Pollinators and flowers evolved together and first appeared on earth about 140 million years ago in the Cretaceous period. In order to support the local population of wild bees and other pollinators, it is best to provide the foods that they evolved with – local native flowers. They find their food by flower colour, shape and scent. Many of the cultivated flowers in our gardens have been breed from local natives – however sometimes these flowers fool the pollinators. Sometimes they attract them, but don’t actually have the nectar or pollen for food, or have the nectar or pollen, but the shape of the flower has changed so that the insect can’t get to it. Bees love flowers from the Asteracea family (Daisy, Aster, Sunflower), Fabacea family (legumes such as pea, bean, and lupine), Lamiaceae family (Mint, lavendar and salvias), Rosaceae family (apple, cherry, rose) along with many others (carrot, geranium, verbena, sedums). Hummingbirds are particularly attracted to red flowers with tubular shapes. Butterflies like flowers that have a landing platform such as a cone flower.
There are 800 different species of bees in Canada – so you can imagine that there are many different nesting habitats for them. Many are solitary – they need a place to lay their eggs, and a place to over winter, but don’t necessarily have a home. They will likely find spaces such as existing holes in wood or the ground. One simple thing you can do, is leave at least some space in your garden as wild as possible over the winter, and cleanup only in spring. Leaf litter and fallen branches provide good winter protection. If you are interested in providing a specific home, bee nesting blocks are solid chunks of wood with holes in them to give wild bees a place to lay their eggs. We are investigating the possibility of providing bee homes to our clients. Please let us know if you are interested.
Pollinator Support Garden – Follow Our Journey
Here at Gardens in the City we’ve decided it’s time to take action to support pollinators. Although I’ve designed and installed many gardens, I’ve never done one with the specific needs of pollinators in mind. Well, here’s my chance to do one practically from scratch, and I’d love to invite you to follow along as we go. Like all gardens, this will not be accomplished overnight, but will be a dialogue with Mother Nature that will unfold over many years.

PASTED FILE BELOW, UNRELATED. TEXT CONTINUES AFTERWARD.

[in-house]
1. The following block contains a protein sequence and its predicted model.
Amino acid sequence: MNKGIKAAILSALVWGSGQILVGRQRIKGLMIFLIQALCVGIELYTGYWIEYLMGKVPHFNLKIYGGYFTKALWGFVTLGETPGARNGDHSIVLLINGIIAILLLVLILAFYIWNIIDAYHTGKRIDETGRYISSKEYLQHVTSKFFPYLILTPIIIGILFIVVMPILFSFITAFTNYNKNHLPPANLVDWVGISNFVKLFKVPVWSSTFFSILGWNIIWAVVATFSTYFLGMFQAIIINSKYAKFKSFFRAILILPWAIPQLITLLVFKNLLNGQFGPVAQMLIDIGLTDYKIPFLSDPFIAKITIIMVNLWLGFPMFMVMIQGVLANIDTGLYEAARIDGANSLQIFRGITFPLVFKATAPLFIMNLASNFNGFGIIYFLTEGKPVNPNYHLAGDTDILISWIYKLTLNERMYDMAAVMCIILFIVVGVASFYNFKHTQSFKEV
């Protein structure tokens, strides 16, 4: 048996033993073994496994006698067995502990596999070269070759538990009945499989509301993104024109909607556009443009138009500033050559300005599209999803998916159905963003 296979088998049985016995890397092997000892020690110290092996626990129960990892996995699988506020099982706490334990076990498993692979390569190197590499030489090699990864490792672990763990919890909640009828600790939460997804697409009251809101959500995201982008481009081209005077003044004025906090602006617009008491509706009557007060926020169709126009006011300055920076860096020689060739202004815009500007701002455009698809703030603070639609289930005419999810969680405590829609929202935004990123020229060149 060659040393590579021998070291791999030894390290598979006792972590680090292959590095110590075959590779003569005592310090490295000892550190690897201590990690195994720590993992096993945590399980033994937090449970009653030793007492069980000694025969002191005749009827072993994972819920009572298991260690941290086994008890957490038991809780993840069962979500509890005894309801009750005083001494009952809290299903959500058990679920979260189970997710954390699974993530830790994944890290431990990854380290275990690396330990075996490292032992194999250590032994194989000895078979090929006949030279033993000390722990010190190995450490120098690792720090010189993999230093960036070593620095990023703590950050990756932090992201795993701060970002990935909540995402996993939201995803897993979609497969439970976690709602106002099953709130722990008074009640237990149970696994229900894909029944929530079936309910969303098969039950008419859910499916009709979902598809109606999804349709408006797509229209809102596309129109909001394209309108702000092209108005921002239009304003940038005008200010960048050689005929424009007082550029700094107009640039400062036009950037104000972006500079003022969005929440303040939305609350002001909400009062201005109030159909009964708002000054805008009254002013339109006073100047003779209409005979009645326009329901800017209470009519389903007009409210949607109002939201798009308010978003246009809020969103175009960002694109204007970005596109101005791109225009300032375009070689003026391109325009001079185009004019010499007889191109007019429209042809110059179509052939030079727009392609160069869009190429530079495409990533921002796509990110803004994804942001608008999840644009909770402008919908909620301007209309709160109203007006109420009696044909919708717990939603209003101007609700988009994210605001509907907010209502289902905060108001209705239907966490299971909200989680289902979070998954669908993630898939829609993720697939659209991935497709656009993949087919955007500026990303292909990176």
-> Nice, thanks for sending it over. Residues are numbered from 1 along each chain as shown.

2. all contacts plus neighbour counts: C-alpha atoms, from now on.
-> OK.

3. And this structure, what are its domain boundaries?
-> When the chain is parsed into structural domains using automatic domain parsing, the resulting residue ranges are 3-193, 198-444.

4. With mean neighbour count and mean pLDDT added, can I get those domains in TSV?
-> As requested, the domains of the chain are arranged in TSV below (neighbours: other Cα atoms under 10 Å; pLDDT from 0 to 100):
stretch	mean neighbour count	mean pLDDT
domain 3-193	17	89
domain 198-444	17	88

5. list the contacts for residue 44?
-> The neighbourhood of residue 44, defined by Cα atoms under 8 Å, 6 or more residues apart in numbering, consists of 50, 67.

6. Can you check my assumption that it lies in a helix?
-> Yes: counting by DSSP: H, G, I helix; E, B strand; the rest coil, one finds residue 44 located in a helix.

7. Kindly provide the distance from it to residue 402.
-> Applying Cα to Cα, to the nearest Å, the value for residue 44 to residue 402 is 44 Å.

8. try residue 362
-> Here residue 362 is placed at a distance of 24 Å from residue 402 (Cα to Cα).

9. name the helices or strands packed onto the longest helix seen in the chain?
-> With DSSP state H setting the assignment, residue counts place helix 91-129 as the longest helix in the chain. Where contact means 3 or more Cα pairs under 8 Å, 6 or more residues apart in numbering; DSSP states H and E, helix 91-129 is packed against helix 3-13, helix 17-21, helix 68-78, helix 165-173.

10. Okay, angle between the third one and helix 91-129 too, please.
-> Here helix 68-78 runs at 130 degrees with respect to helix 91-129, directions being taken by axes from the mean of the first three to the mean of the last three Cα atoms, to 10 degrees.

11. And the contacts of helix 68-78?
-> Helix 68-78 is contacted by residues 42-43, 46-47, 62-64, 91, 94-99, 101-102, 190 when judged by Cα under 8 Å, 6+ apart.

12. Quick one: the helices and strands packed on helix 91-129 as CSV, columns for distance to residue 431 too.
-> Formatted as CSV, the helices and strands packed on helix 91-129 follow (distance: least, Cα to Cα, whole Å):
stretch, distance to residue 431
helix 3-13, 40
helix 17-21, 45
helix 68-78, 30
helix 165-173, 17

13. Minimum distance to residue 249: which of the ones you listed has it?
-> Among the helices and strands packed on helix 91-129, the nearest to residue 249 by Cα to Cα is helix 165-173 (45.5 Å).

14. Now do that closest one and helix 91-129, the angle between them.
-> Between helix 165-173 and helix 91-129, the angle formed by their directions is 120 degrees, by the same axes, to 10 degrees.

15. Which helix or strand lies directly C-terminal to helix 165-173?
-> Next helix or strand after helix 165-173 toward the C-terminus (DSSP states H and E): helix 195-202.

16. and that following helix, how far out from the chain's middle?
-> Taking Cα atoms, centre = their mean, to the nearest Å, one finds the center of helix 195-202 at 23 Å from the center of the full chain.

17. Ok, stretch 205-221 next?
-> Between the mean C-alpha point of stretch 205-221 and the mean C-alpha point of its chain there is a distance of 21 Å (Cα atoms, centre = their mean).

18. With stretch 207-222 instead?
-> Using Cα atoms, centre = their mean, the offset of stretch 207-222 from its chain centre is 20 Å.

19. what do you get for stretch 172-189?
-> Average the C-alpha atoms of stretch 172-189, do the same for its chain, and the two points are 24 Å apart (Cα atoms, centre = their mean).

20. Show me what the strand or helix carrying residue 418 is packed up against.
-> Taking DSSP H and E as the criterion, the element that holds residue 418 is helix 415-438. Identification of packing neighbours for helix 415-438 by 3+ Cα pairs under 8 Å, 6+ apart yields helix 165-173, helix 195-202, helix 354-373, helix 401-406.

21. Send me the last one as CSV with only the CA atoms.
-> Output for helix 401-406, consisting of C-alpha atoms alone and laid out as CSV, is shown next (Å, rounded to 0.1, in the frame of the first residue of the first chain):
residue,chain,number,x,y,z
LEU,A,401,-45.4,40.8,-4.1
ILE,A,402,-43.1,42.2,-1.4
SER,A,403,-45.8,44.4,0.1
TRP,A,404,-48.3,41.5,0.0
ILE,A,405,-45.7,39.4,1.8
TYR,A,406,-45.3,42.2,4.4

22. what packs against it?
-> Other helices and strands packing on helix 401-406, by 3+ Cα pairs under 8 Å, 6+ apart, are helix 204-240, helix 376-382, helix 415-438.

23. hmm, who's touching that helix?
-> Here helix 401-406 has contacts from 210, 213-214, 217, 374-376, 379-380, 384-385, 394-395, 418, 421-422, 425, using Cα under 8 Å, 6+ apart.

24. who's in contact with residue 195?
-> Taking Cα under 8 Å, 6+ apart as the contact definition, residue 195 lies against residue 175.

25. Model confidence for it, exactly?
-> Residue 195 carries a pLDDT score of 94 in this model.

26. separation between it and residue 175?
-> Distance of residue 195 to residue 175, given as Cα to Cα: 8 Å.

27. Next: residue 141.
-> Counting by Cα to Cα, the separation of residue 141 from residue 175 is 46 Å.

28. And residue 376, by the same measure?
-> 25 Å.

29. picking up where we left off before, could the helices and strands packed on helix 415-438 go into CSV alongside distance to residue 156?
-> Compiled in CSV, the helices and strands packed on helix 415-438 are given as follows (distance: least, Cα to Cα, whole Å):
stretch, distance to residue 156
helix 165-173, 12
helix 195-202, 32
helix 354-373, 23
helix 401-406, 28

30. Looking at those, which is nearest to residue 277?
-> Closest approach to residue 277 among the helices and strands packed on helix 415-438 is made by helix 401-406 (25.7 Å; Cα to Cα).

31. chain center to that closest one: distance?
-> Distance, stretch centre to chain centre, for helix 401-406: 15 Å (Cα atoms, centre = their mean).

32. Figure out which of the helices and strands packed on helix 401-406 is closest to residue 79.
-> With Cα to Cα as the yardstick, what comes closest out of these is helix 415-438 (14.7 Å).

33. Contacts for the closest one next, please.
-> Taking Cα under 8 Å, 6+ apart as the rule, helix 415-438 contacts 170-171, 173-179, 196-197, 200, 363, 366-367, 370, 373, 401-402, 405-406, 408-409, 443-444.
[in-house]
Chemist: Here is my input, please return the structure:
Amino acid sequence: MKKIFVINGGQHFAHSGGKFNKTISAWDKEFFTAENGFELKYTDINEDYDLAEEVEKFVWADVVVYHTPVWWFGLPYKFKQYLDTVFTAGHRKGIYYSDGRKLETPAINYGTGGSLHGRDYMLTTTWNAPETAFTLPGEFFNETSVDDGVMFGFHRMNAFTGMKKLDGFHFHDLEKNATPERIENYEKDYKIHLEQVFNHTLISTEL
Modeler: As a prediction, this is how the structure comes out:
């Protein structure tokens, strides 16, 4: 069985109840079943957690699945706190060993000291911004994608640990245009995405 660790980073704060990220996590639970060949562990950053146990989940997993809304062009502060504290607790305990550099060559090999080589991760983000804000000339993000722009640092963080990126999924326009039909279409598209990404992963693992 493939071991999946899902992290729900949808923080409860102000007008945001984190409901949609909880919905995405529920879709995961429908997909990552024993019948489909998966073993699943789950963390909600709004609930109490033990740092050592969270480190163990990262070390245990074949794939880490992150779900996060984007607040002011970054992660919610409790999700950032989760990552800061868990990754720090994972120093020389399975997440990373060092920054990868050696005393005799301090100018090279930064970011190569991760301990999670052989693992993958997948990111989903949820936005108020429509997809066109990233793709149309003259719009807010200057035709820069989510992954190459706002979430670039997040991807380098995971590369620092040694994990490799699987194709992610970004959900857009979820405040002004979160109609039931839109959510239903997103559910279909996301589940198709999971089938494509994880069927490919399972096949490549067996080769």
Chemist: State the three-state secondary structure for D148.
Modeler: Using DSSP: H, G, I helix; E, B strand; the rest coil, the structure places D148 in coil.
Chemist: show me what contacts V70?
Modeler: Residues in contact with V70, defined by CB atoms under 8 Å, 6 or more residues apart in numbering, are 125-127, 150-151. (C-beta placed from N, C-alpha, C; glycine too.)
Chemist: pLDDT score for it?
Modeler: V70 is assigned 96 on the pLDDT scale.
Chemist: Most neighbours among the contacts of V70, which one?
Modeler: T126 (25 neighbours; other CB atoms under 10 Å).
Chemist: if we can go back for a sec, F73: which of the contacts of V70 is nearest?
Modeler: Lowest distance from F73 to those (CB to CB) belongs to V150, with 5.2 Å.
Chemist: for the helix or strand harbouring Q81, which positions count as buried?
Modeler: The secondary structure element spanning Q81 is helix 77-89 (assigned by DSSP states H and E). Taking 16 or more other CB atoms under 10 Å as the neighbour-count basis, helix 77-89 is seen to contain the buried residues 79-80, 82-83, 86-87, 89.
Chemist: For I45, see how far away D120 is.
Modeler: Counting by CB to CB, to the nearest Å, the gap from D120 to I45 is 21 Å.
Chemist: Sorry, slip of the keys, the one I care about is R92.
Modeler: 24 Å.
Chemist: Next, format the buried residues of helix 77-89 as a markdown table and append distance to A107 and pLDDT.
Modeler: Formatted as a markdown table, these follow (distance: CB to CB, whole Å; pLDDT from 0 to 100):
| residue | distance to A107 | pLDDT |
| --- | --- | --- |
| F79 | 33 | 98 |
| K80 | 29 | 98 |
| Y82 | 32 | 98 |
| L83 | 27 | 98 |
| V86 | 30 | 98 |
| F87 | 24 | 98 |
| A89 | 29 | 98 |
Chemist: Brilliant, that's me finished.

This is my new house – complete with shrubs planted in 1955. There isn’t a flower to be seen, let alone a native one, and the grassy lawn is a waste of water, time and worry. It is never used except for the weekly mowing activity. So, what should we do?
Bees, butterflies, hover flies and hummingbirds are all native pollinators with slightly different needs. They need places to live, places to reproduce, food for their young and their adult stages. That adds to the usual garden design requirements of attractive yet low maintenance.
Let’s start by looking at what we have to work with:
- house faces North. There is lots of sun right now, but the boulevard tree will grow large in time. (You can’t see the tree in the picture, it is behind the photographer.)
- the entire area is flat, but slopes slightly towards the street.
- the neighbours all have lawns, with some foundation plantings. I don’t think that they’d be happy if we removed all of this lawn.
- the soil is hard compacted clay
- existing plants: black cedar, yews, spiraea, and snow-on-the-mountain (aka goutweed). (OK, I lied, there are flowers, I just don’t like goutweed).
- the boulevard section has a youngish tree, and a ditch for rain run off from the street and sidewalk.
- in the backyard there is already an ancient crab apple (probably not long for this world), a large stand of mint and lemon balm, and some big berry bushes – so the backyard isn’t such a pollen and nectar desert.
Since it’s winter right now, I can spend some time to make some plans and do some research.